If a testator has committed tax evasion, the costs incurred from obtaining tax advice in relation to the supplementary tax return can be deducted from tax as estate planning costs according to a ruling of the Bundesfinanzhof (BFH), Germany’s Federal Fiscal Court (Az.: II R 30/19).
Heirs, take note: A supplementary tax return needs to be submitted by the heirs if the estate contains undeclared assets. If the heirs conceal these from the tax authorities, they may themselves be guilty of tax evasion. We at the commercial law firm MTR Rechtsanwälte note that those heirs that have yet to declare unreported income to the tax authorities should look into the possibility of submitting a voluntary declaration.
If an estate contains undeclared assets, the heirs ought to consult with experts and submit a supplementary declaration to the tax authorities. The benefit of doing so is that the costs incurred from obtaining advice in relation to the supplementary declaration can be deducted from estate tax as estate planning costs. The costs associated with the dissolution of the household and clearing the testator’s property are also tax deductible. That was the verdict of the Bundesfinanzhof in a ruling from October 14, 2020.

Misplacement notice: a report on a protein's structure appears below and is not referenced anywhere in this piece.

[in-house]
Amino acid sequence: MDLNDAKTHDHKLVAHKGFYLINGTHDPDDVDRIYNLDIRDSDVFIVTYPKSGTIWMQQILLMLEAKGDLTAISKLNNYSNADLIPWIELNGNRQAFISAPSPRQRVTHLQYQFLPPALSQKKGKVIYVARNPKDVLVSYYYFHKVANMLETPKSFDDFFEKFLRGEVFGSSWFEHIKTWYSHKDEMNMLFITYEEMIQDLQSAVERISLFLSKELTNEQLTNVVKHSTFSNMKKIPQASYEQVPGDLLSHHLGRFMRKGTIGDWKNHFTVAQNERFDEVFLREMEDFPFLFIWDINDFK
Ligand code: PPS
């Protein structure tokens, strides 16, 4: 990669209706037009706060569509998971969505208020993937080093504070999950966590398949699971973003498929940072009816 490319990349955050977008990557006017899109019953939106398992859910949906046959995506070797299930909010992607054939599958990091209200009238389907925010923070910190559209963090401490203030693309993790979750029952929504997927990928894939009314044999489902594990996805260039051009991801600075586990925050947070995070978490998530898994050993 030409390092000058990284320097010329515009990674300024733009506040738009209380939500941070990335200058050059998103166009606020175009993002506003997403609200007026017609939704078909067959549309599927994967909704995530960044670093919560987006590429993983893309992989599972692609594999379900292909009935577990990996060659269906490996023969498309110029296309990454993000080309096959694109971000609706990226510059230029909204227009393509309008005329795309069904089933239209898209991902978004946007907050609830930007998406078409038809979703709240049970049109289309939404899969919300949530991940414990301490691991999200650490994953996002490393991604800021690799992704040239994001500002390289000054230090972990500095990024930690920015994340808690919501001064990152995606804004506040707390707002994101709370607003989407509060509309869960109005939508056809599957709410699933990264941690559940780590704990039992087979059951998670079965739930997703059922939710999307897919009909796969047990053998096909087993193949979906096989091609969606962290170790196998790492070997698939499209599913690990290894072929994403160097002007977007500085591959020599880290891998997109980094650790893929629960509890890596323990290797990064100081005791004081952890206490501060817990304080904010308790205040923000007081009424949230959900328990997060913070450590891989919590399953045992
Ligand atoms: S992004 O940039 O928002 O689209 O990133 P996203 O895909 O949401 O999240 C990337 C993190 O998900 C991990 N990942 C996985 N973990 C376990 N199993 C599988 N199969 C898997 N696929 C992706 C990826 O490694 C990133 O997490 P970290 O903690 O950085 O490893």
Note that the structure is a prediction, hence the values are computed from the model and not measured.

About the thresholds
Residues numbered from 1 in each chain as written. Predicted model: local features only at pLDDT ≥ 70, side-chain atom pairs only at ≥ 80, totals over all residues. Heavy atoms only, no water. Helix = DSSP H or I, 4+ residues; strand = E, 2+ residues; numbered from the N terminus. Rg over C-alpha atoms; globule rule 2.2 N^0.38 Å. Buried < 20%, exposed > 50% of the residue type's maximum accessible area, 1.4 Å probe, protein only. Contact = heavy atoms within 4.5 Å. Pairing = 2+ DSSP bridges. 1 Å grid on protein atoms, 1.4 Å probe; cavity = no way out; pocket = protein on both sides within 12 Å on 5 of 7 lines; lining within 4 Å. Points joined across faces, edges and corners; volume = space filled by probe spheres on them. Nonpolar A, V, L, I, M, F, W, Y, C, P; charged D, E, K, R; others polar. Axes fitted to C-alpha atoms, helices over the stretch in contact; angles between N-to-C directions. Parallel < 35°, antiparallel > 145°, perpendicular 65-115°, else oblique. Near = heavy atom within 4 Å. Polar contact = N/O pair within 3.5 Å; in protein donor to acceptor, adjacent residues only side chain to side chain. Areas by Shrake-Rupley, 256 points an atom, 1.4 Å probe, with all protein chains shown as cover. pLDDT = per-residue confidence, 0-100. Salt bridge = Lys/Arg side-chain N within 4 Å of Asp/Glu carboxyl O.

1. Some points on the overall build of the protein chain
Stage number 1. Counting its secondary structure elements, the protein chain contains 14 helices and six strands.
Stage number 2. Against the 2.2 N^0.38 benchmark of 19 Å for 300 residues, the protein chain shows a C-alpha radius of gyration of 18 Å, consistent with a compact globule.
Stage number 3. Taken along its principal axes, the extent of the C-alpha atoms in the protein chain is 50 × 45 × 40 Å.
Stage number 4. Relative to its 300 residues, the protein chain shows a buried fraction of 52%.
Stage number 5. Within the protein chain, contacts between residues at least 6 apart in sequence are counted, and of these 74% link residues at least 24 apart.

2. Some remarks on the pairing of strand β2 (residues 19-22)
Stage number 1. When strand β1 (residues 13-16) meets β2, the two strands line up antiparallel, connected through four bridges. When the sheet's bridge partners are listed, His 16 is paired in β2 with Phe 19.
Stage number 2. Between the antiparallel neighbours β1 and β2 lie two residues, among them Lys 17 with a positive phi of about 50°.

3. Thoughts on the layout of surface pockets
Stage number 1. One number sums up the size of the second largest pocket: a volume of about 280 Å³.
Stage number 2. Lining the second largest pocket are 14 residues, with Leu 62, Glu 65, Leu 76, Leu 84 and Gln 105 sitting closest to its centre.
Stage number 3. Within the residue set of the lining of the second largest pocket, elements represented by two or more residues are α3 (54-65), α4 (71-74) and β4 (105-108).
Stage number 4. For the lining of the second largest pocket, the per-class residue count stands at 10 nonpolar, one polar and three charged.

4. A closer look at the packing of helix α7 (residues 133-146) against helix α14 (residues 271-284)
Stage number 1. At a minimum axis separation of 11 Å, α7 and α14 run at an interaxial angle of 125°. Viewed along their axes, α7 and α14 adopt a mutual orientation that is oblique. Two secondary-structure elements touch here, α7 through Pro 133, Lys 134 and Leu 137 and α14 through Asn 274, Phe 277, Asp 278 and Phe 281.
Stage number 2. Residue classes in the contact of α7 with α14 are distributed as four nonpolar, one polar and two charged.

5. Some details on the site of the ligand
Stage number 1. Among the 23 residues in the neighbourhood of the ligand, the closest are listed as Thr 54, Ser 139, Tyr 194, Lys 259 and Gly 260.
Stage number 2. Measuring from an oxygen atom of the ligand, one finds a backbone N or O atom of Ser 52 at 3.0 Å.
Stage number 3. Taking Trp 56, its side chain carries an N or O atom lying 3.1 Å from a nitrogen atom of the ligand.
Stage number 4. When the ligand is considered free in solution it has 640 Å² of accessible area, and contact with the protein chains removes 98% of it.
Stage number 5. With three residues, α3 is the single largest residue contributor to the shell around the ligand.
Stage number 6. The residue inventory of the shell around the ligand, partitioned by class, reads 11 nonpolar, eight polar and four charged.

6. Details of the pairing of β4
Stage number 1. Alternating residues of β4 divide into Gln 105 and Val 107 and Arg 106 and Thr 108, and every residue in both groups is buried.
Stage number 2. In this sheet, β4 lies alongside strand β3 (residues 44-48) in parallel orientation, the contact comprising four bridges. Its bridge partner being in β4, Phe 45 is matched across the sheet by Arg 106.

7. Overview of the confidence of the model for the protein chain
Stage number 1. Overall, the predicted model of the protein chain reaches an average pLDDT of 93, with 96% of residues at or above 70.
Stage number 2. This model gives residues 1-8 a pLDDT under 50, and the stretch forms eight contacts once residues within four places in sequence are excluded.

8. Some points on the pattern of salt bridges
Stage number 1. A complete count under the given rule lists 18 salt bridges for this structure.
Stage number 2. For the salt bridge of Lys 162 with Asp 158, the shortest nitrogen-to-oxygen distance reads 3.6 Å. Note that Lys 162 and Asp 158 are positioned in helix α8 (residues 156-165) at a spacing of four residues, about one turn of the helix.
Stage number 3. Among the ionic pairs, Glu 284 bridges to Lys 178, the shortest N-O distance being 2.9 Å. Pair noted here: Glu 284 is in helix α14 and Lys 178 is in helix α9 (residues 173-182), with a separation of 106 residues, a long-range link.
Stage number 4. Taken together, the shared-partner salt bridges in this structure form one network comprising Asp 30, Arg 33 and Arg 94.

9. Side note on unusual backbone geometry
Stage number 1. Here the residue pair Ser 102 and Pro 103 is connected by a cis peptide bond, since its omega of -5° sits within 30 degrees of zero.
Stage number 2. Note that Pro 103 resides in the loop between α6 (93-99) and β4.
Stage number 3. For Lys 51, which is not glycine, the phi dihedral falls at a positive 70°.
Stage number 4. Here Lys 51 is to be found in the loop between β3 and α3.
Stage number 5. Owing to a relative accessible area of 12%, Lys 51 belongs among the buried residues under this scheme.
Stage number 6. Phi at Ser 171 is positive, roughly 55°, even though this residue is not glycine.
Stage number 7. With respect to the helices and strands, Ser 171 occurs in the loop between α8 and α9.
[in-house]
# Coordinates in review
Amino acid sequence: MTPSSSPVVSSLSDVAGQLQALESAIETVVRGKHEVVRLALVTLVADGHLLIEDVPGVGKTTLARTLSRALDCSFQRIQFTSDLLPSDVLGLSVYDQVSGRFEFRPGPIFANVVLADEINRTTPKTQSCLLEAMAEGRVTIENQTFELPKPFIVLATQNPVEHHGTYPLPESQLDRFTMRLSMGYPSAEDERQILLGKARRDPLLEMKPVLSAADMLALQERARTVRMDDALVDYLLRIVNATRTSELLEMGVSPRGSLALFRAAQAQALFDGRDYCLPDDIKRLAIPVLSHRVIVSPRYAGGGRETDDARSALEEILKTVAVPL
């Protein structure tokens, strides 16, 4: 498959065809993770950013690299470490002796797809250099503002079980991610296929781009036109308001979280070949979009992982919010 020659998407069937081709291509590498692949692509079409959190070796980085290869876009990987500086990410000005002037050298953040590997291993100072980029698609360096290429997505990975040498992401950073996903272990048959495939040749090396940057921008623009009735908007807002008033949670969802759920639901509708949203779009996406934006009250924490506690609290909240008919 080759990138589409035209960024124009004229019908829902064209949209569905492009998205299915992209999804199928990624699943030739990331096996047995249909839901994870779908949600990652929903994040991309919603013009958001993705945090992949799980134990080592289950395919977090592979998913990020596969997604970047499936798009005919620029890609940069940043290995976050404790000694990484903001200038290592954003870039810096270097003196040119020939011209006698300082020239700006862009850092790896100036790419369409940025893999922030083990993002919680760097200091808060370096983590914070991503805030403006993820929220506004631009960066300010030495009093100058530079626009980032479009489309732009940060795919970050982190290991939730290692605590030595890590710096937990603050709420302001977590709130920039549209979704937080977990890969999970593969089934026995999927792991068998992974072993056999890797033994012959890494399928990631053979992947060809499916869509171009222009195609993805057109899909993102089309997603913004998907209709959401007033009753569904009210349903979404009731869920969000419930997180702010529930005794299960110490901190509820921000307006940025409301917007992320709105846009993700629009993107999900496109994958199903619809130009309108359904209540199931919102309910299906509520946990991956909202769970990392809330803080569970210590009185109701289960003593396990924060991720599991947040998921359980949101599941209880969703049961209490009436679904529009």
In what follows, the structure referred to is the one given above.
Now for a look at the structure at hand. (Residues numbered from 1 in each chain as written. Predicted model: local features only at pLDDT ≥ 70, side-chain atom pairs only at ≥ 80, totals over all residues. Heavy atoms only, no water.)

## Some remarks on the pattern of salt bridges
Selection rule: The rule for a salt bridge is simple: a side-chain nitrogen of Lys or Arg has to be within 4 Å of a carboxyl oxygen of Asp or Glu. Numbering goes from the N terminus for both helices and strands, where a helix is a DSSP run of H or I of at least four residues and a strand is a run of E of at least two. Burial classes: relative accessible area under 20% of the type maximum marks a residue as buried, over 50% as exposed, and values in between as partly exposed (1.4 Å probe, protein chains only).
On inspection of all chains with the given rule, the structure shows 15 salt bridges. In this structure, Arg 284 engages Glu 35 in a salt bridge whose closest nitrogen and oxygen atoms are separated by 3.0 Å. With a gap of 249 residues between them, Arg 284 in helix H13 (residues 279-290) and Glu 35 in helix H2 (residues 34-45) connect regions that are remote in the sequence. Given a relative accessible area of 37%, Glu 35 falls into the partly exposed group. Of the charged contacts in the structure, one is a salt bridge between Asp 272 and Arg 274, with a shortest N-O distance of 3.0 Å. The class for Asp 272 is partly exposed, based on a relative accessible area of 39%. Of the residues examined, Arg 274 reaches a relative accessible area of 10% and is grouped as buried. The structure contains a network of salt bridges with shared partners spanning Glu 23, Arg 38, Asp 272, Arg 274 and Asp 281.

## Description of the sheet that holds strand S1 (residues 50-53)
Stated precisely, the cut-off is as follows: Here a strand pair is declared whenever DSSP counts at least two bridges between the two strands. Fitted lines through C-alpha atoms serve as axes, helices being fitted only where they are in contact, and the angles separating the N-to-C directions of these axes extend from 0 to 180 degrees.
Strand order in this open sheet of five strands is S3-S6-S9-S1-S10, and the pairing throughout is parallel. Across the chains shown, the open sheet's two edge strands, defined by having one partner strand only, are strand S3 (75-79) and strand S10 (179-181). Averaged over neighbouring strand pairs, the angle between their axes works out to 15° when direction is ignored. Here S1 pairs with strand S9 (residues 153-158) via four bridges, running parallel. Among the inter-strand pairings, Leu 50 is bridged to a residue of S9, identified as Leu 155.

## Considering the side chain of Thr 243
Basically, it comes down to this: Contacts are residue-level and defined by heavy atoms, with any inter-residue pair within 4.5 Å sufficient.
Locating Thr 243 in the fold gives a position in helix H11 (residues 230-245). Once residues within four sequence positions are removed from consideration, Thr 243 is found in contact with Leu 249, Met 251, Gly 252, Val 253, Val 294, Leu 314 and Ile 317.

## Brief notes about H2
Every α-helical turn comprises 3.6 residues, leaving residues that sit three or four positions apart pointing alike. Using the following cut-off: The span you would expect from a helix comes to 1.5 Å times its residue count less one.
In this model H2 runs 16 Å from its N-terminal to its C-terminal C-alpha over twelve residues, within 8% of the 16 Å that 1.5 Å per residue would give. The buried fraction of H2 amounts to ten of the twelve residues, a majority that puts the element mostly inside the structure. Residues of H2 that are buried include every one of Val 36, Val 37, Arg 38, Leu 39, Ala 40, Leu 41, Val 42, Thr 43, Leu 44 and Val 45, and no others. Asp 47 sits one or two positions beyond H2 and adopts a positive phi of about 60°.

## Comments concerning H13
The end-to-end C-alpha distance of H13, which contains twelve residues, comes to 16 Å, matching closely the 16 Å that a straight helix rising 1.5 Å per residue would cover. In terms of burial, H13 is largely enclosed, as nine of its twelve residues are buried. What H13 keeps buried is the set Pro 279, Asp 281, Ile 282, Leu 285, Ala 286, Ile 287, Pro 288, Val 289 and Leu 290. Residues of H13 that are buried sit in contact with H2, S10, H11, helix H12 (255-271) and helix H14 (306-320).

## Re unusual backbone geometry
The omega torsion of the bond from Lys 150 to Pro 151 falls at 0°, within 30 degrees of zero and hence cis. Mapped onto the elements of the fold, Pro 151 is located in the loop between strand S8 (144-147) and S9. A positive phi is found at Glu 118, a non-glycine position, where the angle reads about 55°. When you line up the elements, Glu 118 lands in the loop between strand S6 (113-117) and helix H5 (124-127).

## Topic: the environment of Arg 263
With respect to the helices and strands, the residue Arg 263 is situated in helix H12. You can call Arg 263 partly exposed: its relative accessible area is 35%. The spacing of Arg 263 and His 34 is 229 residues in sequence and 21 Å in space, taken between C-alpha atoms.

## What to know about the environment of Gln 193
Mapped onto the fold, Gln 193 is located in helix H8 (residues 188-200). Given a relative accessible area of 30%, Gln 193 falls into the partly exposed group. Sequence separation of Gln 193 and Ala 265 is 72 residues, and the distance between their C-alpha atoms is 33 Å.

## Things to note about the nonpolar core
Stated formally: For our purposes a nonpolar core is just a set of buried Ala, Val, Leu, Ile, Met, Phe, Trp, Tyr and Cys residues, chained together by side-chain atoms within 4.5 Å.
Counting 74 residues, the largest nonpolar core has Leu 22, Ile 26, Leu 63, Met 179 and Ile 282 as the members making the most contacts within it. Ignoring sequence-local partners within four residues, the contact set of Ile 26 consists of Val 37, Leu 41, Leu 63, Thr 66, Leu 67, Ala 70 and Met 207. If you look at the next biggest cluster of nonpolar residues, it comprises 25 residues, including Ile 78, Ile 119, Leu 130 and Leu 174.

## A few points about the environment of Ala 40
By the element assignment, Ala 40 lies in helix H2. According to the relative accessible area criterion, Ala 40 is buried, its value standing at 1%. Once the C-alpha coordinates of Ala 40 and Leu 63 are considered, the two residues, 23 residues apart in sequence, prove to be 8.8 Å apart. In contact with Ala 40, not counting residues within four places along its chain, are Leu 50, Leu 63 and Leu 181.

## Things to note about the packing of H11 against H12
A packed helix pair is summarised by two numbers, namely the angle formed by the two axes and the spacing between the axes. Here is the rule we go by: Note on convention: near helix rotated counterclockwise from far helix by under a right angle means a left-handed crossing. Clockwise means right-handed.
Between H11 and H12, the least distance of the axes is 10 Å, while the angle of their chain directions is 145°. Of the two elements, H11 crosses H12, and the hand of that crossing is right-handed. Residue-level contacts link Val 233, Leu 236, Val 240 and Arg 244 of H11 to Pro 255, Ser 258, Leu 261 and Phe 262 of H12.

The testator in the case in question had generated income in Switzerland but failed to declare this in his tax returns from 2002 to 2012. The daughter, in her capacity as heir, had her deceased father’s tax returns corrected. She subsequently declared the resulting costs, together with the costs associated with clearing her father’s property, in her estate tax declaration as a liability of the estate.
The tax office did not approve of this, refusing to take the costs incurred from obtaining tax advice and clearing the property into account when determining the amount of estate tax due.
The daughter’s subsequent lawsuit was only partially successful before the relevant fiscal court, which held that the tax consultancy costs were to be accounted for as estate planning costs because the obligation to file tax returns had passed to the heir. However, the court took a different view when it came to the costs associated with clearing the property, ruling these were not tax deductible.
The Bundesfinanzhof went one step further. Ruling in favor of the heir, the court found that the clearance costs could be deducted from tax as estate planning costs. It reasoned that inspecting the household and clearing the property are directly linked to the estate.
Lawyers with experience in the field of tax law can provide counsel.
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